Re: pollen test of Flood geology
Arthur V. Chadwick (email@example.com)
Wed, 10 Sep 1997 08:22:16 -0700
At 10:06 AM 9/9/97 -0400, you wrote:
>>In the second place you should be aware that there were many reports in
>>Science and Nature (ten or more papers) several decades ago of modern type
>>pollen and spores ("Eocene") from the Cambrian strata of Punjab, by people
>>of a variety of religions and ethnicities. A cadre of western geologists
>>even went to investigate the situation and concluded that the strata from
>>which Singh and others were getting pollen were indeed Cambrian. The
>>Indian investigators insisted that they were Eocene based on the pollen and
>>spores. The case has been settled by declaring the problem intractible and
>>off limits to further exploration by the Indian paleobotanists.
>The Silurian and Devonian paleontology of the Himalayas is a total mess
>because a geologist at the University of Panjab, over a period of twenty
>years or so, wrote papers claiming to find fossils that actually were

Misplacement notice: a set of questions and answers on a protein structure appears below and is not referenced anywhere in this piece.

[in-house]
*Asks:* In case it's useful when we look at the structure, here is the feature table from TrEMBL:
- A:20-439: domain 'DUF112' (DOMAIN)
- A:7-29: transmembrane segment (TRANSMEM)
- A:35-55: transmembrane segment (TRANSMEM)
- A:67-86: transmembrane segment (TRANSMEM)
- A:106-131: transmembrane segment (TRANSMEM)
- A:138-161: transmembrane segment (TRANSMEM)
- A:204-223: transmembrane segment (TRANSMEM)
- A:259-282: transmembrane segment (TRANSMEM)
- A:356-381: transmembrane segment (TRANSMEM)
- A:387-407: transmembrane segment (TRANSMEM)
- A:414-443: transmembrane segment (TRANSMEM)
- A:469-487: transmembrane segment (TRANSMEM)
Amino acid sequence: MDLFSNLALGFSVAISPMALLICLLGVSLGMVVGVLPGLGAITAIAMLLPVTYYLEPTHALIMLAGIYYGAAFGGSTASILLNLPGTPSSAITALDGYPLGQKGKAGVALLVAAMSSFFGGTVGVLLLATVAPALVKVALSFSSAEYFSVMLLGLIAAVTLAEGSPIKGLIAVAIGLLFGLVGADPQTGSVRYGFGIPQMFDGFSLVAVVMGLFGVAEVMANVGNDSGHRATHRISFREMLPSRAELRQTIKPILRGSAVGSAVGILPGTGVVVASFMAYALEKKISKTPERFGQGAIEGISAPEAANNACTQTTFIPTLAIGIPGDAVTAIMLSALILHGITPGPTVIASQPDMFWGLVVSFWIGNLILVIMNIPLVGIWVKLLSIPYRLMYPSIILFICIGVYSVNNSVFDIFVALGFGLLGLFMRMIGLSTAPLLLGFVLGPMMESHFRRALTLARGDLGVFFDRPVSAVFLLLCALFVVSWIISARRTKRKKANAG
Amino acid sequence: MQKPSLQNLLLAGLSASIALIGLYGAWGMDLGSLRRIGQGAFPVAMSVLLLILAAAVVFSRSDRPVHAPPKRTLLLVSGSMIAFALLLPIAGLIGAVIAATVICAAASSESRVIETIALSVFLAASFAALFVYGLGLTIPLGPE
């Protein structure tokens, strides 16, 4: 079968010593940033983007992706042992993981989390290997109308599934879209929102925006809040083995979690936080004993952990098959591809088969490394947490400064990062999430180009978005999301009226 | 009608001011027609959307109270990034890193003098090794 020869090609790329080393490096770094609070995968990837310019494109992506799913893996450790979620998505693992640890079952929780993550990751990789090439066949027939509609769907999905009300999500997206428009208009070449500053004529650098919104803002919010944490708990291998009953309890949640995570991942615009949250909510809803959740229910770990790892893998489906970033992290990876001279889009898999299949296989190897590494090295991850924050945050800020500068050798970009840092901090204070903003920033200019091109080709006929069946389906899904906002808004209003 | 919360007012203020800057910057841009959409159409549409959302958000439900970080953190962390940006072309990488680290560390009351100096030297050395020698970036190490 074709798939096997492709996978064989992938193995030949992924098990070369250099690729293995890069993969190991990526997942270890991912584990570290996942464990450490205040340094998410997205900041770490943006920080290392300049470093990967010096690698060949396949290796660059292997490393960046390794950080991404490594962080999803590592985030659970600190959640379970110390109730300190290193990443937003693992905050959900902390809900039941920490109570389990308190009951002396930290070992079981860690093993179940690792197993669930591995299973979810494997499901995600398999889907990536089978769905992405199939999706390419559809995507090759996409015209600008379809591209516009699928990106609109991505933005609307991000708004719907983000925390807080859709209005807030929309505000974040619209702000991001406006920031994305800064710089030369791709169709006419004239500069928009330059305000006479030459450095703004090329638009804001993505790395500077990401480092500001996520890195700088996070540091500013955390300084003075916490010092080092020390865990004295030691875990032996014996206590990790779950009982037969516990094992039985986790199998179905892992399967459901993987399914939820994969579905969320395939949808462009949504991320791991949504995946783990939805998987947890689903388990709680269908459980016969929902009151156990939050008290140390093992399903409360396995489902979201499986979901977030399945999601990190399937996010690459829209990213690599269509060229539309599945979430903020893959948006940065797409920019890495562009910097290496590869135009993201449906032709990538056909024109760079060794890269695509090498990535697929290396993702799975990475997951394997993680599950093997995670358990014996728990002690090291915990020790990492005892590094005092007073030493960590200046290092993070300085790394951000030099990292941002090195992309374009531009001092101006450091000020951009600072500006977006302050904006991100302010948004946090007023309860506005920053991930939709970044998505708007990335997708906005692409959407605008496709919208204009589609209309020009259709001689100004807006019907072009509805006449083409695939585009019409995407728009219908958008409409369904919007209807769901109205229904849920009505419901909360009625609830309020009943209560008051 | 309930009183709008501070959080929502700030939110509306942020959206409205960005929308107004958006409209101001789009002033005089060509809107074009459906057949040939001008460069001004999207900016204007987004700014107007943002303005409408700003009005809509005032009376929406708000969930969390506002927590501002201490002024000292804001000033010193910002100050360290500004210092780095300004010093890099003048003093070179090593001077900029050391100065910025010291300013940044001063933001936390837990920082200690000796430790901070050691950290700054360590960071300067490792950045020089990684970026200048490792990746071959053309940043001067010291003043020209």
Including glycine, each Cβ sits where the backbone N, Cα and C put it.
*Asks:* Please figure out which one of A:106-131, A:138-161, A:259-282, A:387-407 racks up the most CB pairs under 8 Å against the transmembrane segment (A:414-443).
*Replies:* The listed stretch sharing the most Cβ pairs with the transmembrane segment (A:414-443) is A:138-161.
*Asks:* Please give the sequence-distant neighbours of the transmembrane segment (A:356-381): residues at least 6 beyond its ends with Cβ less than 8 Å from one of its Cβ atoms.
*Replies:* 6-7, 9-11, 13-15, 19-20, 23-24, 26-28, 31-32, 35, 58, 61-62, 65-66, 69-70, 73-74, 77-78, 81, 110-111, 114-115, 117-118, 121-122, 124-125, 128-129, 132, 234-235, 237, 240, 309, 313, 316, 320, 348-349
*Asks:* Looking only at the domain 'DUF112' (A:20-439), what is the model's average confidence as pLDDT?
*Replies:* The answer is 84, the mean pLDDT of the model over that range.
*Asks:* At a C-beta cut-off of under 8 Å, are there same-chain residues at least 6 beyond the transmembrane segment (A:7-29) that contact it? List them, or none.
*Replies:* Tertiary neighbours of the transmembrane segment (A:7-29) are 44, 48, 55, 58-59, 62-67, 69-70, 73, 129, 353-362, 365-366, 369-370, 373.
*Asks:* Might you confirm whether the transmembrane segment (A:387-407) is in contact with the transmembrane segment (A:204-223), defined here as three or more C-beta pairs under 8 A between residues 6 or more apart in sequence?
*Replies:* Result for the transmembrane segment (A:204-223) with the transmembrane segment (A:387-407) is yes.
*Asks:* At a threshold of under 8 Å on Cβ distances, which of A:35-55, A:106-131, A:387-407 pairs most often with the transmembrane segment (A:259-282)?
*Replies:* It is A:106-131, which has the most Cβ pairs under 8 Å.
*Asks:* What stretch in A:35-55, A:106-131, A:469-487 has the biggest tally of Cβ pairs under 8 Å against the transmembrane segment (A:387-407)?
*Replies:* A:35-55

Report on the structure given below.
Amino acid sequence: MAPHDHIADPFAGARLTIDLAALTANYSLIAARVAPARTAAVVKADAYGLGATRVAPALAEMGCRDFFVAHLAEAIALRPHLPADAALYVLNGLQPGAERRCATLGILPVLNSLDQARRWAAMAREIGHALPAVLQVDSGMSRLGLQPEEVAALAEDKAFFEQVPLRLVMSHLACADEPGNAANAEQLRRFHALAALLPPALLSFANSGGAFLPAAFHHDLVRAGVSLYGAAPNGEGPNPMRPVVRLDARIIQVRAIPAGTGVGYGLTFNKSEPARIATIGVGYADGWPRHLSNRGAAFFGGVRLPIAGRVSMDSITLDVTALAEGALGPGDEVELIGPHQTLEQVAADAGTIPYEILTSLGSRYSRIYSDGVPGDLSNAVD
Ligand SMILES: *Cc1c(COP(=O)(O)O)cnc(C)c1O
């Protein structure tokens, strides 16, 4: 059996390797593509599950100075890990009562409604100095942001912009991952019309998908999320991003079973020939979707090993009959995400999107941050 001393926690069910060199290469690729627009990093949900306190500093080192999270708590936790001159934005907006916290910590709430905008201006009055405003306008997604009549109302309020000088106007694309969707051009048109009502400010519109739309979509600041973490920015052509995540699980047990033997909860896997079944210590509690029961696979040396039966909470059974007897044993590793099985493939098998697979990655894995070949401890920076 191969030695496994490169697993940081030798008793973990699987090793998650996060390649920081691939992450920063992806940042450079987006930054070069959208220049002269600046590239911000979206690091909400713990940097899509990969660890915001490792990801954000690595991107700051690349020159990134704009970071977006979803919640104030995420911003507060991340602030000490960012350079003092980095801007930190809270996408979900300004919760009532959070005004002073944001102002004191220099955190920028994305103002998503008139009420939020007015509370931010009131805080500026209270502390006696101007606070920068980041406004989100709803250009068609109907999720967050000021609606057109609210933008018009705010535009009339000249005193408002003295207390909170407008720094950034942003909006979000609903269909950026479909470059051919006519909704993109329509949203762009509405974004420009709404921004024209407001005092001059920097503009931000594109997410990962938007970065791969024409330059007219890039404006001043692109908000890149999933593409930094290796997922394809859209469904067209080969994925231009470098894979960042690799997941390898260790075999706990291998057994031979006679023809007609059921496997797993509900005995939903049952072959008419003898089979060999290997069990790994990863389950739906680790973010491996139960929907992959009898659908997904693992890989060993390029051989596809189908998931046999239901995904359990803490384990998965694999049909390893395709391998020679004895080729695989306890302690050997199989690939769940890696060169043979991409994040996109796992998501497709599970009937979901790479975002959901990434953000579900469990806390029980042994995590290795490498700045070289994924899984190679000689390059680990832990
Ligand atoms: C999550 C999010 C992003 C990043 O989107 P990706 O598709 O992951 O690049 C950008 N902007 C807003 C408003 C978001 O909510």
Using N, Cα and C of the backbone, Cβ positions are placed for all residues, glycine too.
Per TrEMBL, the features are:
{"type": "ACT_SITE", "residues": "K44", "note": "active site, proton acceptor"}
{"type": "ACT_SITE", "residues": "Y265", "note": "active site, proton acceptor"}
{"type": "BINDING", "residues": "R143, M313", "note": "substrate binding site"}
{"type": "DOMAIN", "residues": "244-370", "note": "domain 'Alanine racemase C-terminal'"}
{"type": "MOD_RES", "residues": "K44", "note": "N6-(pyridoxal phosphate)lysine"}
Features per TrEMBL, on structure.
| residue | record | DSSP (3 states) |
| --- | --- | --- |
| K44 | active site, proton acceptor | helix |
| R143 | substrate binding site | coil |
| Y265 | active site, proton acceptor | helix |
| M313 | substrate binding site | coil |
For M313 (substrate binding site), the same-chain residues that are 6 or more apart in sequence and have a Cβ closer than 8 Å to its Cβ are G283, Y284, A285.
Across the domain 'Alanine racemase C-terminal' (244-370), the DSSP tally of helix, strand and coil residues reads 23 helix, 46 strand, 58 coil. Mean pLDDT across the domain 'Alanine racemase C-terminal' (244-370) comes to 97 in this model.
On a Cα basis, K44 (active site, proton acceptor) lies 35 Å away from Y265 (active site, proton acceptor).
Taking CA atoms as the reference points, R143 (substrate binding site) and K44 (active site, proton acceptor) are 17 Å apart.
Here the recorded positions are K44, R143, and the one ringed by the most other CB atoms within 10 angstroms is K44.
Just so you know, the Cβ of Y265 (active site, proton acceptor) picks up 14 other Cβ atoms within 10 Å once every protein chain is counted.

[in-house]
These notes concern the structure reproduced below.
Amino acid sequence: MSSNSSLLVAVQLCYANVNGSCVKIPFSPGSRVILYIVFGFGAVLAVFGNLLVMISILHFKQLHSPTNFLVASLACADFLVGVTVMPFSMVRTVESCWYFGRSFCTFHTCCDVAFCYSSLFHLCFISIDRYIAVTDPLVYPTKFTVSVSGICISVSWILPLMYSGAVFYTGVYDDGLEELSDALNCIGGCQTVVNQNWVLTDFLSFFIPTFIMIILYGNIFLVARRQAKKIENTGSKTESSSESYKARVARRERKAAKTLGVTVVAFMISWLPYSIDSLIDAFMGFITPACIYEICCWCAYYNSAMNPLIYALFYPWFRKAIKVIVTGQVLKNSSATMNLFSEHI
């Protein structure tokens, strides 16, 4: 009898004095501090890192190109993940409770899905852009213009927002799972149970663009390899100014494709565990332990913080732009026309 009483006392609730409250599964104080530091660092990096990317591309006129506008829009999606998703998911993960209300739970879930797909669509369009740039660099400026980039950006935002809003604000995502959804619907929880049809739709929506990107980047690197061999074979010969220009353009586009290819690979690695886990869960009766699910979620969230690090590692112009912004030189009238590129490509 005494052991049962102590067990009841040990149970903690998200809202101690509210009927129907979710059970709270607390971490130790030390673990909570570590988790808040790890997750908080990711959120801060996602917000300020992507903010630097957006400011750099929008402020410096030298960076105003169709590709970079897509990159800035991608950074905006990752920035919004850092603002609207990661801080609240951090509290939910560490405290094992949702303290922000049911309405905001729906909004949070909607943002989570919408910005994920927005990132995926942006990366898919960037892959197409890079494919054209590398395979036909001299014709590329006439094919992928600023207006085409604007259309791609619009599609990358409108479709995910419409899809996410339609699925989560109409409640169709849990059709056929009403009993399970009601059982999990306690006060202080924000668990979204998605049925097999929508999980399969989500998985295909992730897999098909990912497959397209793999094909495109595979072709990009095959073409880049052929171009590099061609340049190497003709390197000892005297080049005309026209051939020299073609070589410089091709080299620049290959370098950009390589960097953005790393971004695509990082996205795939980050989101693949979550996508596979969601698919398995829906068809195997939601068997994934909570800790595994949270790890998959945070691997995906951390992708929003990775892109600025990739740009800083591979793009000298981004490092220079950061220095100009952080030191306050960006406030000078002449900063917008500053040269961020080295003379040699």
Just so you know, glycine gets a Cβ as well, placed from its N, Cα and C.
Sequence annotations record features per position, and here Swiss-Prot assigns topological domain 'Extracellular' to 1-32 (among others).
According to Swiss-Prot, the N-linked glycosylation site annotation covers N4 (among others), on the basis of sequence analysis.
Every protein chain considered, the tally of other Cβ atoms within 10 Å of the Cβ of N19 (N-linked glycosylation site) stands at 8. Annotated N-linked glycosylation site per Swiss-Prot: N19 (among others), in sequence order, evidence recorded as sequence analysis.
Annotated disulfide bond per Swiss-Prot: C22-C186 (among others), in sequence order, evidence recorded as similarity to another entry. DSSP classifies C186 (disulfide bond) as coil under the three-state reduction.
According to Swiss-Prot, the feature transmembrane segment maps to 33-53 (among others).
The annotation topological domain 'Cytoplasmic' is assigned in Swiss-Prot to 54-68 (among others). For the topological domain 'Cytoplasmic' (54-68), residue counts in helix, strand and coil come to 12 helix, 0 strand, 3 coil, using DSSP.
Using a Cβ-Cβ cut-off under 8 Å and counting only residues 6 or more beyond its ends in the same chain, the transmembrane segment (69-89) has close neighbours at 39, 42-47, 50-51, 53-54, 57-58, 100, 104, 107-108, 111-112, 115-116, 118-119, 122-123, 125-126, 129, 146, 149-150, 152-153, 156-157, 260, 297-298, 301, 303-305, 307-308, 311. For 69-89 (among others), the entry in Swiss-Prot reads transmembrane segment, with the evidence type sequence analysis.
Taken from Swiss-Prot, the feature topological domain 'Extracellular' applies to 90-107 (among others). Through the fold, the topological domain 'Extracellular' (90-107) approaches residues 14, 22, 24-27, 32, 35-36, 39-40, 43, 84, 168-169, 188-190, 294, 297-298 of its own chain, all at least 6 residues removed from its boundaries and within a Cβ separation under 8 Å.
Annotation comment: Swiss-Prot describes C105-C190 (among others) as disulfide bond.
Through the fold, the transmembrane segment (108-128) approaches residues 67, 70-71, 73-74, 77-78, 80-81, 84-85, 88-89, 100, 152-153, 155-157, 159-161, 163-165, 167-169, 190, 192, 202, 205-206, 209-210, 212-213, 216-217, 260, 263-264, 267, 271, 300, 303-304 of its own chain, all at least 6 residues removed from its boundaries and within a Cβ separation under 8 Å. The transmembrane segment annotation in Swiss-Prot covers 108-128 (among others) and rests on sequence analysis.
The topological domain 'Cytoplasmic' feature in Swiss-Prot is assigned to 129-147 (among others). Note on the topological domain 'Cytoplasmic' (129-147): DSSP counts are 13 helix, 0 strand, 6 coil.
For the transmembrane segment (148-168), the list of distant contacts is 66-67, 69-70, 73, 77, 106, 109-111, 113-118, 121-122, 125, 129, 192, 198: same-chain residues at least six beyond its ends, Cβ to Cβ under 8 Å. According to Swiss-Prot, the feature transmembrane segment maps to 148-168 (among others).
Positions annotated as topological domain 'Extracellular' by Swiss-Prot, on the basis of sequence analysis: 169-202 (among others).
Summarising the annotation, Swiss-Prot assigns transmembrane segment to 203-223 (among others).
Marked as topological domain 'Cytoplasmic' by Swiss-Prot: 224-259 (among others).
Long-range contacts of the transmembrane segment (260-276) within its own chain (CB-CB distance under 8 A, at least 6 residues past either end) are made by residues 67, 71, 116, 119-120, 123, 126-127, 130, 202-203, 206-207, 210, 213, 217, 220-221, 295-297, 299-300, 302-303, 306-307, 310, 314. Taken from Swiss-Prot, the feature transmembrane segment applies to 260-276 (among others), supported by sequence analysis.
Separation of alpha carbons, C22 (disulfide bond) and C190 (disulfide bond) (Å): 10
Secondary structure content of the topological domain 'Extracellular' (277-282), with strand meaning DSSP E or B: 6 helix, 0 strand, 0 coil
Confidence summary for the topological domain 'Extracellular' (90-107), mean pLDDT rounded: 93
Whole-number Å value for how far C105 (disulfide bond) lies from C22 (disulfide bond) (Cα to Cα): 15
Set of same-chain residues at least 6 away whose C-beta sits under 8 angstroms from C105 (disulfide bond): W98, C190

>obtained from localities around the world (commercially available
>specimens, etc.) Do you know whether different people have verified the
>source of the samples? The locality data for the fraudulent material was
>generally vague, inaccurate, and in remote, politically instable regions.
>I would expect an apparent discrepancy such as this would get more work,
>not a ban, similar to the supposed juxtaposition of Cretaceous and Eocene
>shells here in North Carolina (Tuomey, 1853).
The work was repeatedly verified by many individuals from the source rocks.
You can go there (if you dare!) and obtain samples from the outcrops
declared by a large team of western geologists and you will find what they
The problem with explaining the sequence of pollen, foraminifera,
>radiolarians, dinoflagellates, calcareous nannofossils, etc. by any global
>flood hypothesis is that all of them should have been alive at the same
>time (before the flood) in the same place.
You must mean on the globe, I assume, not in the oceans or in specific oceans.
A flood cannot sort them out
>into a regular order, no matter what it does.
Again, you are making a big assumption that you can decide what could or
could not have hppened based on your own unpublished presuppositions about
what did or did not happen. I do not mean this as a criticism. We all
assume we can imagine what went on. But you are still kicking a straw man.